NEAPOLITAN CELLO CONCERTOS Leo, Fiorenza, De Majo, Sollima
I Turchini Antonio Florio
Giovanni Sollima, violoncello
I TurchiniAntonio Florio
Total playing time: 71:56 Recorded in Naples (Sala del Vasari, Chiesa di S. Anna dei Lombardi) in September 2011 Engineered and produced by Matteo Costa Design: Valentín Iglesias Booklet essay: Dinko FabrisEnglish - Français - Deutsch - Italiano
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NEAPOLITAN CELLO CONCERTOSLeo, Fiorenza, De Majo, Sollima
Leonardo Leo (1694-1744) Concerto di violoncello con violini (D minor) – Naples, 1738 01 Andante grazioso 02 Presto con spirito 03 Amoroso 04 Allegro
Nicola Fiorenza (c.1700-1764) Concerto per violoncello ed archi (Bb major) – Naples, 1728 05 Largo 06 Allegro 07 Largo 08 Allegro
Giovanni Sollima (1962) “Fecit Neap. 17..” per violoncello, archi e continuo – Naples, 2011 dedicated to Antonio Florio
Nicola Fiorenza Sinfonia a 4 violini e basso continuo (C minor) – Naples, c.1730-40 10 Largo 11 Fuga 12 Largo 13 Allegro
Giuseppe de Majo (1697-1777) Concerto per violoncello ed archi (F major) – Naples, 1726 14 Comodo 15 Grave 16 Allegro
About this CD
Giovanni Sollima has been successfully pursuing a twin career as cellist and as a composer and it is in both capacities that the Palermo-born musician appears now on a new recording from Glossa. Sollima teams up with I Turchini of Antonio Florio in a captivating demonstration of virtuoso concerto treasures from Leonardo Leo, Giuseppe de Majo and Nicola Fiorenza. The quality of their committed music-making is underscored by Dinko Fabris who, in an accompanying essay, provides yet another lucid exposition of a musical climate unknown to many.
Giovanni Sollima’s empathy with the spirit of the 18th century concerto allows him not only to provide – and to play masterfully – elegantly appropriate cadenzas for the works of his forebears but to compose a modern work comfortable and at ease with its Neapolitan past (and entitled “Fecit Neap. 17..”, mirroring the frequentlyfound ascription found on manuscripts in the 18th century).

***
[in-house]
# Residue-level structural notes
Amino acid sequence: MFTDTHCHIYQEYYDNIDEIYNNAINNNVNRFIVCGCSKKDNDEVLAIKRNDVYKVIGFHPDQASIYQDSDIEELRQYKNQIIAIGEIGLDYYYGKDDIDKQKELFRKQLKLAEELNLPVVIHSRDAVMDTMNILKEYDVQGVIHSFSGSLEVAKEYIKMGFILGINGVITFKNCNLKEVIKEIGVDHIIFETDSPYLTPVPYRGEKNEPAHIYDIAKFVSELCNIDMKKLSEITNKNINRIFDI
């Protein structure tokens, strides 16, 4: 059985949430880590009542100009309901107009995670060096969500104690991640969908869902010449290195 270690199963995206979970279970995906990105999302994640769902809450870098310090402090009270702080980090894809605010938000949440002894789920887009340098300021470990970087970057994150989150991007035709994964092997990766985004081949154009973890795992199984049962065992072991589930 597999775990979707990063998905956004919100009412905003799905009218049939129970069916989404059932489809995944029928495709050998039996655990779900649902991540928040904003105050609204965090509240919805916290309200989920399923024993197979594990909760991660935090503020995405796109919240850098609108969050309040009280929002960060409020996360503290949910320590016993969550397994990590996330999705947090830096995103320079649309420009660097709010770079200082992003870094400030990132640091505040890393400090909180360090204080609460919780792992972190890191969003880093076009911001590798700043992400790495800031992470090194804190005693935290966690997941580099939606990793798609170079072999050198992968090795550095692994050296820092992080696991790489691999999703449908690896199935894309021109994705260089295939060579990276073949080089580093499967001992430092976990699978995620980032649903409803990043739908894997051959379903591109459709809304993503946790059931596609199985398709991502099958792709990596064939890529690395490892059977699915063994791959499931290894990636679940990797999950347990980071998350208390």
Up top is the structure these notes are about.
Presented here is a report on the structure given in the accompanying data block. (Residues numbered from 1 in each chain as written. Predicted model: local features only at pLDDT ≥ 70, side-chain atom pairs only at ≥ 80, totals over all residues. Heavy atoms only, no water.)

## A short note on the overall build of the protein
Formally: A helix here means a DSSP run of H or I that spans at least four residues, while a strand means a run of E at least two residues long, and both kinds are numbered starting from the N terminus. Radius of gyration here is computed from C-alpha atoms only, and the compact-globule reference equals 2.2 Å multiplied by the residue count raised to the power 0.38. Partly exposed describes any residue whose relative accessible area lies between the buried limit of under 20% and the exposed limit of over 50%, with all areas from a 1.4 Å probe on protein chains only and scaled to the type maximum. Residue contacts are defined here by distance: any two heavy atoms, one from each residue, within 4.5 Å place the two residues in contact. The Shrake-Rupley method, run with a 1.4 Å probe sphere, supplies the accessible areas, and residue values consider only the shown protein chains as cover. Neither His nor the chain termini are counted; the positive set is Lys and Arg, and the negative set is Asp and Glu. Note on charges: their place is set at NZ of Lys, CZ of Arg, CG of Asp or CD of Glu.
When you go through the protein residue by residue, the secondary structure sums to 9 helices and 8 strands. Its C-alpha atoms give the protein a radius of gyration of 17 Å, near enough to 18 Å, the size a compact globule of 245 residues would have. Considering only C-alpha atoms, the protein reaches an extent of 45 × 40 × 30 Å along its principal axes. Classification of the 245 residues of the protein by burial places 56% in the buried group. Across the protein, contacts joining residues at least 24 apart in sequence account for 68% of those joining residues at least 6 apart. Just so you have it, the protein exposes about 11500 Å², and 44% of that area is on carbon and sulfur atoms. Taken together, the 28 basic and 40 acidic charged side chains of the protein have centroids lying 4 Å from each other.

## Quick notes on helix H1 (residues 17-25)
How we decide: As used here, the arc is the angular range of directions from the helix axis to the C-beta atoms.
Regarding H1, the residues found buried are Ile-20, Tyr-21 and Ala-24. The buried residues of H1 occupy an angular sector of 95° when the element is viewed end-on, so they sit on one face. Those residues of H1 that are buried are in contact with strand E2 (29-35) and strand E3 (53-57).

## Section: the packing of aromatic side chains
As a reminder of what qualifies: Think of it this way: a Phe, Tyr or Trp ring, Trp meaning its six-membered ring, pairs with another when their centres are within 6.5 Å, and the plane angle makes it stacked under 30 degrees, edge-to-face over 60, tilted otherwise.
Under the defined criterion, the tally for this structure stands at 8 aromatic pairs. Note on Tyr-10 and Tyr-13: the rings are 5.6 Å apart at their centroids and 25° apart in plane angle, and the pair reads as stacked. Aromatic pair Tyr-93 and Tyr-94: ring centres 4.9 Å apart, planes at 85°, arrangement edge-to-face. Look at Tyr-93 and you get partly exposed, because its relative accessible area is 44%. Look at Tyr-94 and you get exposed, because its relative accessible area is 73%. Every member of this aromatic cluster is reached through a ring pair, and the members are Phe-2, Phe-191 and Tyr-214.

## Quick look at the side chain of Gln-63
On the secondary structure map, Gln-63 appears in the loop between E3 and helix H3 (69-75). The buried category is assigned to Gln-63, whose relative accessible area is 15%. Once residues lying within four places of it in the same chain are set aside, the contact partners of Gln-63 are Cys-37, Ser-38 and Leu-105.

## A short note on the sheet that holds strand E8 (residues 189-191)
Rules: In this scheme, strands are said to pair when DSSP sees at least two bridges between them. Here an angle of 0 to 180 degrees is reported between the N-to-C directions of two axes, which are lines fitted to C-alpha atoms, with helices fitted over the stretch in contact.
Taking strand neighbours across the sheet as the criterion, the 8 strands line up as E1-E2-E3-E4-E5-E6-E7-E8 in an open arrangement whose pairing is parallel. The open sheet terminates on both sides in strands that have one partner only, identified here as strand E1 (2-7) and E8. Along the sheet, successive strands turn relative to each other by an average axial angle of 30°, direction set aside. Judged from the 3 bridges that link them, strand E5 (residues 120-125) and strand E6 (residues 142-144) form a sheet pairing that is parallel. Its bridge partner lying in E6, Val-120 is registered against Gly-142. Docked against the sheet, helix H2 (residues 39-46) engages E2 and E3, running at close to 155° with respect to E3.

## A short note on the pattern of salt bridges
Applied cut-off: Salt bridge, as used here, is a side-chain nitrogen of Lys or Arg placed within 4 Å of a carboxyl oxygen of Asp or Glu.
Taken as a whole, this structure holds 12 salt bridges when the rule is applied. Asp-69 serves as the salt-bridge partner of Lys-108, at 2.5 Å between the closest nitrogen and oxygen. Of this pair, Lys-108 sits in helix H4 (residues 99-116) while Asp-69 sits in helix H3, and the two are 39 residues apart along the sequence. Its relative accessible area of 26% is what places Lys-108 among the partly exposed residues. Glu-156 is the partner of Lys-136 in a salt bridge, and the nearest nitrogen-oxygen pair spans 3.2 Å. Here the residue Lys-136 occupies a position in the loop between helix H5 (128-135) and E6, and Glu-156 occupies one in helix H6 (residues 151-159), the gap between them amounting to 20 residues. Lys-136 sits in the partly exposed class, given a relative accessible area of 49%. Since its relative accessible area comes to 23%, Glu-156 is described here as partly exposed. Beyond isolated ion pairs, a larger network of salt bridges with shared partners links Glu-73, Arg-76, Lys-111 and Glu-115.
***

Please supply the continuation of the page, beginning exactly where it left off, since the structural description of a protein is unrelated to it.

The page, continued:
With a solo cellist in Giovanni Sollima, who is equally at home in the musical worlds of Patti Smith, Claudio Abbado and Philip Glass, and a director in Antonio Florio, who is equipped with his own masterful overview of Neapolitan music from the Baroque onwards, this new disc was recorded in a venue, the old Santa Anna dei Lombardi monastery complex in the heart of Naples, which serves to point up how powerful a forging ground for cello music Naples was from the end of the 17th century and into the 18th, as well as in our own time.
A distinctive musical voice in Giovanni Sollima makes his debut on Glossa both as a cellist and as a composer, in a partnership with Antonio Florio resulting in a disc of cello concertos which is no mere digression from I Turchini’s habitual exploration of the secular and sacred vocal music of the Neapolitan Baroque. Sollima, a native Sicilian, is a living embodiment of that strong serious/popular vein running through Southern Italian music-making and, primarily a cellist, he has elsewhere performed with strong musical minds as varied as DJ Scanner and Claudio Abbado, Yo-Yo Ma and Patti Smith or Philip Glass and Giuseppe Sinopoli. His intuitive awareness of the spirit of the Neapolitan Baroque makes him admirably placed to participate in this exploration of the importance of the cello in Naples in the 18th century.[read more...]
A well-established Baroque music ensemble is joining Glossa, with Antonio Florio and the Cappella della Pietà de’ Turchini making an agreement to record one or two discs per annum here. Founded in 1987, the baroque orchestra and its vocal soloists connected with the Centro di Musica Antica Pietà de’ Turchini in Naples have become internationally-celebrated for their exploration of Neapolitan music from the 17th and 18th centuries. Florio – aided by eminent scholars such as Dinko Fabris – has successfully breathed new life into a forgotten repertory, with a string of recordings and concerts as testament to the vitality of the musical scene in Naples in these times, especially through its operatic and sacred music. [read more...]